Many couples stay married "for the sake of the children." However, if you are ending your marriage, and you share joint children, your relationship with your ex will never really end. Except in rare circumstances, you will need to continue to communicate about issues like finances, education, health, extracurricular activities, travel, and college.
Divorced parents often really struggle to communicate calmly with one another about their joint children. This is especially true when disagreements about child-rearing was one of the primary causes of the divorce in the first place. The struggle to communicate calmly and logically with your ex is a worthy struggle, however, and your joint children will benefit from your efforts.
Coparenting resources can be found all over the Internet, including co-parenting calendars where you and your ex can share scheduling information about your joint child to forums where you can brainstorm solutions to coparenting challenges with other divorced parents.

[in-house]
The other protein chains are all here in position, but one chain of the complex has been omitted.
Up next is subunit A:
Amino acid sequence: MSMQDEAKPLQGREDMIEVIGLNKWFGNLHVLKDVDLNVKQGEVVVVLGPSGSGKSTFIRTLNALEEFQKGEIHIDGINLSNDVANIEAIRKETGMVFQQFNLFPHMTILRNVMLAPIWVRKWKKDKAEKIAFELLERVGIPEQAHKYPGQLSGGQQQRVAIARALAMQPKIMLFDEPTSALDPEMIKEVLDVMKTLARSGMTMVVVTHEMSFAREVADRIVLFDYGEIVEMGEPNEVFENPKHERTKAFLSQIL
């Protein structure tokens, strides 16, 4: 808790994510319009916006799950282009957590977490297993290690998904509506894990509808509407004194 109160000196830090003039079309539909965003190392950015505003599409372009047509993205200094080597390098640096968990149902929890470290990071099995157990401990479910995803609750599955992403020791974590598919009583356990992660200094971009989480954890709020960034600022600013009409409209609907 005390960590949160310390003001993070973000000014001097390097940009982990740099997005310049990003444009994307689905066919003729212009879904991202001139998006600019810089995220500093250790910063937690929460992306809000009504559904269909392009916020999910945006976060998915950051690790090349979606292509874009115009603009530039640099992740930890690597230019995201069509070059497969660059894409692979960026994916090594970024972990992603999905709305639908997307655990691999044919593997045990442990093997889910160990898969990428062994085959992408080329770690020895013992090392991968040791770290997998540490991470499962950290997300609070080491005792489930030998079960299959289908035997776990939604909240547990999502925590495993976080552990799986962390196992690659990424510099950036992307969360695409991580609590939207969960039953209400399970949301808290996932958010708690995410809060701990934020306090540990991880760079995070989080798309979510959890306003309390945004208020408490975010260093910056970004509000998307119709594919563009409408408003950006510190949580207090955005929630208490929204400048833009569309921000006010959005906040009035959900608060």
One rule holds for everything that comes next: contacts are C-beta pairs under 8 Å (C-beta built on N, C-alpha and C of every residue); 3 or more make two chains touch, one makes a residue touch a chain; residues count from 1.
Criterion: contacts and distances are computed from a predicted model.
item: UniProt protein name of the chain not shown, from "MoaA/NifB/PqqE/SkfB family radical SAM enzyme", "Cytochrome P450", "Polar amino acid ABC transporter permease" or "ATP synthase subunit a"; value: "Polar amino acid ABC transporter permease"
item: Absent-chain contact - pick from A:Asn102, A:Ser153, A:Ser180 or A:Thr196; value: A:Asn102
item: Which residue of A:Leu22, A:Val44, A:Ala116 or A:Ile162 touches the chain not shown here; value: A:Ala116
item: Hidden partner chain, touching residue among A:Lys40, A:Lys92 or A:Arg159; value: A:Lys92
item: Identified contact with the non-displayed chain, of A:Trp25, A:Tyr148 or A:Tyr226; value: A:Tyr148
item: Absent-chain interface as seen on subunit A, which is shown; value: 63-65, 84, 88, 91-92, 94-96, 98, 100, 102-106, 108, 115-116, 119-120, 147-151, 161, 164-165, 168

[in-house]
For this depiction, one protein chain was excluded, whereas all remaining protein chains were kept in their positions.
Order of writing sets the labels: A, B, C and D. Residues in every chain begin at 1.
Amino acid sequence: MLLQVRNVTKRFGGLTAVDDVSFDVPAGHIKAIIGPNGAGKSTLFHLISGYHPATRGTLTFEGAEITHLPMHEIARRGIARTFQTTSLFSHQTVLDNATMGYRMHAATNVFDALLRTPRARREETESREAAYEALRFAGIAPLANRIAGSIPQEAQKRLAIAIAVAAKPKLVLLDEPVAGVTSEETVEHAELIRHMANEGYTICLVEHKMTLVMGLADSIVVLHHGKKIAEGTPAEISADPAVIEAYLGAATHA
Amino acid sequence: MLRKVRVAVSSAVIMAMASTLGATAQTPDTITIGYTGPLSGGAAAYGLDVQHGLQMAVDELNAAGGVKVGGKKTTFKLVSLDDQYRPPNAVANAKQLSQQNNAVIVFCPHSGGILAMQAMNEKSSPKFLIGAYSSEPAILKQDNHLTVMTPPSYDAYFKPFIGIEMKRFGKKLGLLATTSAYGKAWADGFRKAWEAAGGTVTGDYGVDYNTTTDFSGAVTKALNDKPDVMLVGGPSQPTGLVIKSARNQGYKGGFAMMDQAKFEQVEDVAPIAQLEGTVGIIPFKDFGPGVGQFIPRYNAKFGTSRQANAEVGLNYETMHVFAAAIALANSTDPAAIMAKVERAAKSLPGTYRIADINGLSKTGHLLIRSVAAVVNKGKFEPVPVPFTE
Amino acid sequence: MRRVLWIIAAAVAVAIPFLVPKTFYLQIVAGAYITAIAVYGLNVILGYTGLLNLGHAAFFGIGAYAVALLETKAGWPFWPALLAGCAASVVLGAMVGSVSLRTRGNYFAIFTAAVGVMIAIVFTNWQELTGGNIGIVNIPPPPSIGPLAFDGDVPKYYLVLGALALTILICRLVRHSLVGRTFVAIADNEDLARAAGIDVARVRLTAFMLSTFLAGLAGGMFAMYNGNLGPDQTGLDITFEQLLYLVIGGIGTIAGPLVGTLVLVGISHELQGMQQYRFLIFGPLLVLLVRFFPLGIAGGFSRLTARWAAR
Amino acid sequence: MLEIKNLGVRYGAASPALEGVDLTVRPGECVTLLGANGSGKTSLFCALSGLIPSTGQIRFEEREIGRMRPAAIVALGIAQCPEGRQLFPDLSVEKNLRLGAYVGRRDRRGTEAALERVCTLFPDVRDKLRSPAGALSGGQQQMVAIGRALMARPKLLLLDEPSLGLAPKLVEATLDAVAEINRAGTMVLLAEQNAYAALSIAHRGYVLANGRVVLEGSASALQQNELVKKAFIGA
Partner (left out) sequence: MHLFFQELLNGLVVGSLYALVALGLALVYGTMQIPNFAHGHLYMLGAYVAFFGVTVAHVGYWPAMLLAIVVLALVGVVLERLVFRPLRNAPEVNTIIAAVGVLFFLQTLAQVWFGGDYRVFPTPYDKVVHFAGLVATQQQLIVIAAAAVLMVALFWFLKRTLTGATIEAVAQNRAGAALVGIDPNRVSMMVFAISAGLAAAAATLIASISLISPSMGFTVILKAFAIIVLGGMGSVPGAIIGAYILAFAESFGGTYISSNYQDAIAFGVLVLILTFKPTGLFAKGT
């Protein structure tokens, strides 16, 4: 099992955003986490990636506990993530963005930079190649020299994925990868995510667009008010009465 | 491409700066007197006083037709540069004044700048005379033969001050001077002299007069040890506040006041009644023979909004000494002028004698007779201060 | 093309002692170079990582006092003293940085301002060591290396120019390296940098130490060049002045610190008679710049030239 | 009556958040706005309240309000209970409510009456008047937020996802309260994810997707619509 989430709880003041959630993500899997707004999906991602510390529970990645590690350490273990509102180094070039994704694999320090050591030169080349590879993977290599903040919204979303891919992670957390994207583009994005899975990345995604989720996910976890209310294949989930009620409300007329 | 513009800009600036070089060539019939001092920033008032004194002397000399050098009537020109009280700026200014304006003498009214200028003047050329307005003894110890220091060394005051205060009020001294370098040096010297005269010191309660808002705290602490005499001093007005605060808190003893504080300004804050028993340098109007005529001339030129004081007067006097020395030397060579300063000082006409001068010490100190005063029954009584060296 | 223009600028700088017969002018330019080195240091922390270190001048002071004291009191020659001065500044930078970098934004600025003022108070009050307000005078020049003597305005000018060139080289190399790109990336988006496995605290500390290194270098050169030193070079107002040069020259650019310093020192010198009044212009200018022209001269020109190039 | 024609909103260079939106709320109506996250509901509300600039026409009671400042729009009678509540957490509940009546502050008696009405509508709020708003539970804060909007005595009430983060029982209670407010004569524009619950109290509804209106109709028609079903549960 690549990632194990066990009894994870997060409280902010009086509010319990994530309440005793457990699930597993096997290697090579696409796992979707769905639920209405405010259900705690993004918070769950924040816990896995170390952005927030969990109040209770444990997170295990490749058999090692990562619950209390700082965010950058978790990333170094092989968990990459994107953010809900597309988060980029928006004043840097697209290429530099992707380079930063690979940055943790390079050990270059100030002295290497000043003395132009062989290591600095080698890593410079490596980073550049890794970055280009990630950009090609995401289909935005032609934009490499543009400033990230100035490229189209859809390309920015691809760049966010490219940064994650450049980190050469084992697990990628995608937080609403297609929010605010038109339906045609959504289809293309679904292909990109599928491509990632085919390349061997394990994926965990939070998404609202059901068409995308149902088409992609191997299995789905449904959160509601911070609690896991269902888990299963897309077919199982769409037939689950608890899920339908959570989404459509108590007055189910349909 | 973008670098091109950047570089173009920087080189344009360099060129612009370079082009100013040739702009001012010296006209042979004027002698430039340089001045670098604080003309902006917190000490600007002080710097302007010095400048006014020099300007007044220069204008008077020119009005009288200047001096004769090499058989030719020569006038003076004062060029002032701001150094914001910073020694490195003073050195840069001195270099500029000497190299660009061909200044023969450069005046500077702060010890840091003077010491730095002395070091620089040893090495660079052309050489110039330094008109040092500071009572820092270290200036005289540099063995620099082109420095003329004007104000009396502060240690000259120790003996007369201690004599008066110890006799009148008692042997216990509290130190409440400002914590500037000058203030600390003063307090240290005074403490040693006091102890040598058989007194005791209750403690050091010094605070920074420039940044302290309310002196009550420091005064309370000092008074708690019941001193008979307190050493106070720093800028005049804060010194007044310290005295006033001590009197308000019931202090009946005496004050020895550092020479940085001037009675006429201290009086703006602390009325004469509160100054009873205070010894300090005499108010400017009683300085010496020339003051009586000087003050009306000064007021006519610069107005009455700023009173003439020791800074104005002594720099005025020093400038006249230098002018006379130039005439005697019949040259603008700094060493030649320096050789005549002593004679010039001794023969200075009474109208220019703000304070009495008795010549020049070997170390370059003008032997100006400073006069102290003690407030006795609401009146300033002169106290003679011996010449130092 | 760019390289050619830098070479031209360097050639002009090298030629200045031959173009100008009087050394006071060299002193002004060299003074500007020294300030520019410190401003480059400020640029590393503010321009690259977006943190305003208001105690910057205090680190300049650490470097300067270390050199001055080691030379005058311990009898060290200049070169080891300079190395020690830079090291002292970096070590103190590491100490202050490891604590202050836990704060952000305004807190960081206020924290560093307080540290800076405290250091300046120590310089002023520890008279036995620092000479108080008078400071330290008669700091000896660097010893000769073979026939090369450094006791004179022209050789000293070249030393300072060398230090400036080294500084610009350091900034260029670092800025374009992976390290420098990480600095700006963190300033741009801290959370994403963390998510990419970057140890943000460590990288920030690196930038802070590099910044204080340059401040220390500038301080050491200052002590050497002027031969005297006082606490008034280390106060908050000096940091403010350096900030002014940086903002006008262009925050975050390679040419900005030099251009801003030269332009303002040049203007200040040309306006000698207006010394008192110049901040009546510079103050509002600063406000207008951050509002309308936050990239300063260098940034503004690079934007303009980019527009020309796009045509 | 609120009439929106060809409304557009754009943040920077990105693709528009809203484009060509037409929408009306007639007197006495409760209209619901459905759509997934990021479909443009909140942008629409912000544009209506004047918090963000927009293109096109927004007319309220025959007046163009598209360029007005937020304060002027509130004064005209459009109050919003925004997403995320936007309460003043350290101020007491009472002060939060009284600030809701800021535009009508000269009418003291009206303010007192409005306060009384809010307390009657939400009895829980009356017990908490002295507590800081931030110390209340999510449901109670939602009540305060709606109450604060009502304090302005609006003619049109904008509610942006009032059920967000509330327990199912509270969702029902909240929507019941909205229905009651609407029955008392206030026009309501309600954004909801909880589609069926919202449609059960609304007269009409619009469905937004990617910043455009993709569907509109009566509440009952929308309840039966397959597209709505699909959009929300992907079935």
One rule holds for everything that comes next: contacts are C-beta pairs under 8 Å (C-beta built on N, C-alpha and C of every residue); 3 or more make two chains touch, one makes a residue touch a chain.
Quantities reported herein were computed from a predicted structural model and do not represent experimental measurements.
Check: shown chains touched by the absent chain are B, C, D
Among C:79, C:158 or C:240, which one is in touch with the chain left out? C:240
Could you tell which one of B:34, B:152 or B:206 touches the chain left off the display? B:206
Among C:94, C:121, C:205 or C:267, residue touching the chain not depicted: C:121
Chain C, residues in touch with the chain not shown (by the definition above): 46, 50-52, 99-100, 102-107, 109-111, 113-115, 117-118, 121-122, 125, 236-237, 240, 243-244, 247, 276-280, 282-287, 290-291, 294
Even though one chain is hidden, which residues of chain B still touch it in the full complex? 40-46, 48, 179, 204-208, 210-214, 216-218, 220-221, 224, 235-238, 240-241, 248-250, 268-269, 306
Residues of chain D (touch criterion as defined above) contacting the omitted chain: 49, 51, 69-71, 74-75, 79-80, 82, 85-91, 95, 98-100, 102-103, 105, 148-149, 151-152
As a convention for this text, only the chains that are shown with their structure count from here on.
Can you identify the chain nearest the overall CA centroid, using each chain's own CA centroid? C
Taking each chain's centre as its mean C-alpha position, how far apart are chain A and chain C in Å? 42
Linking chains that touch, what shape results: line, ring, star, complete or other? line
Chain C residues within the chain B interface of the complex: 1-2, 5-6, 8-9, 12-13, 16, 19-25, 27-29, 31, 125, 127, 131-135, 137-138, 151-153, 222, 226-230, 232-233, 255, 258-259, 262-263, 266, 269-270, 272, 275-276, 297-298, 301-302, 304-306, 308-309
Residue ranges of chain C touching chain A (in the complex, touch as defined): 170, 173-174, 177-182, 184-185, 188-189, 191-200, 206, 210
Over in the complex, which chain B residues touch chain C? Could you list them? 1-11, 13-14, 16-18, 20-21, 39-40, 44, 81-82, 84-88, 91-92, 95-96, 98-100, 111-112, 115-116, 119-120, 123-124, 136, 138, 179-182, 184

- The Office of the Texas Attorney General publishes this detailed guide to coparenting: "For Our Children: Learning To Work Together"
- The Texas Young Lawyers Association publishes a video called "Caught In The Crossfire" to emphasize how strongly divorce impacts children and to push divorced parents to try their hardest to work cooperatively together.
- The article "Co-Parenting" on Mediate.com describes the impact of divorce on children and also describes different models of coparenting, from "perfect pals" to "dissolved duos"
Contact Pfister Borserine & Associates
At Pfister Borserine & Associates, we have protected the rights of people across north Texas for more than 20 years. Board-certified in family law by the Texas Board of Legal Specialization, attorney John J. Pfister, Jr. understands that every case is different and will take the time to learn the details of your situation. We will then carefully craft an individualized approach to help you get the outcome you want.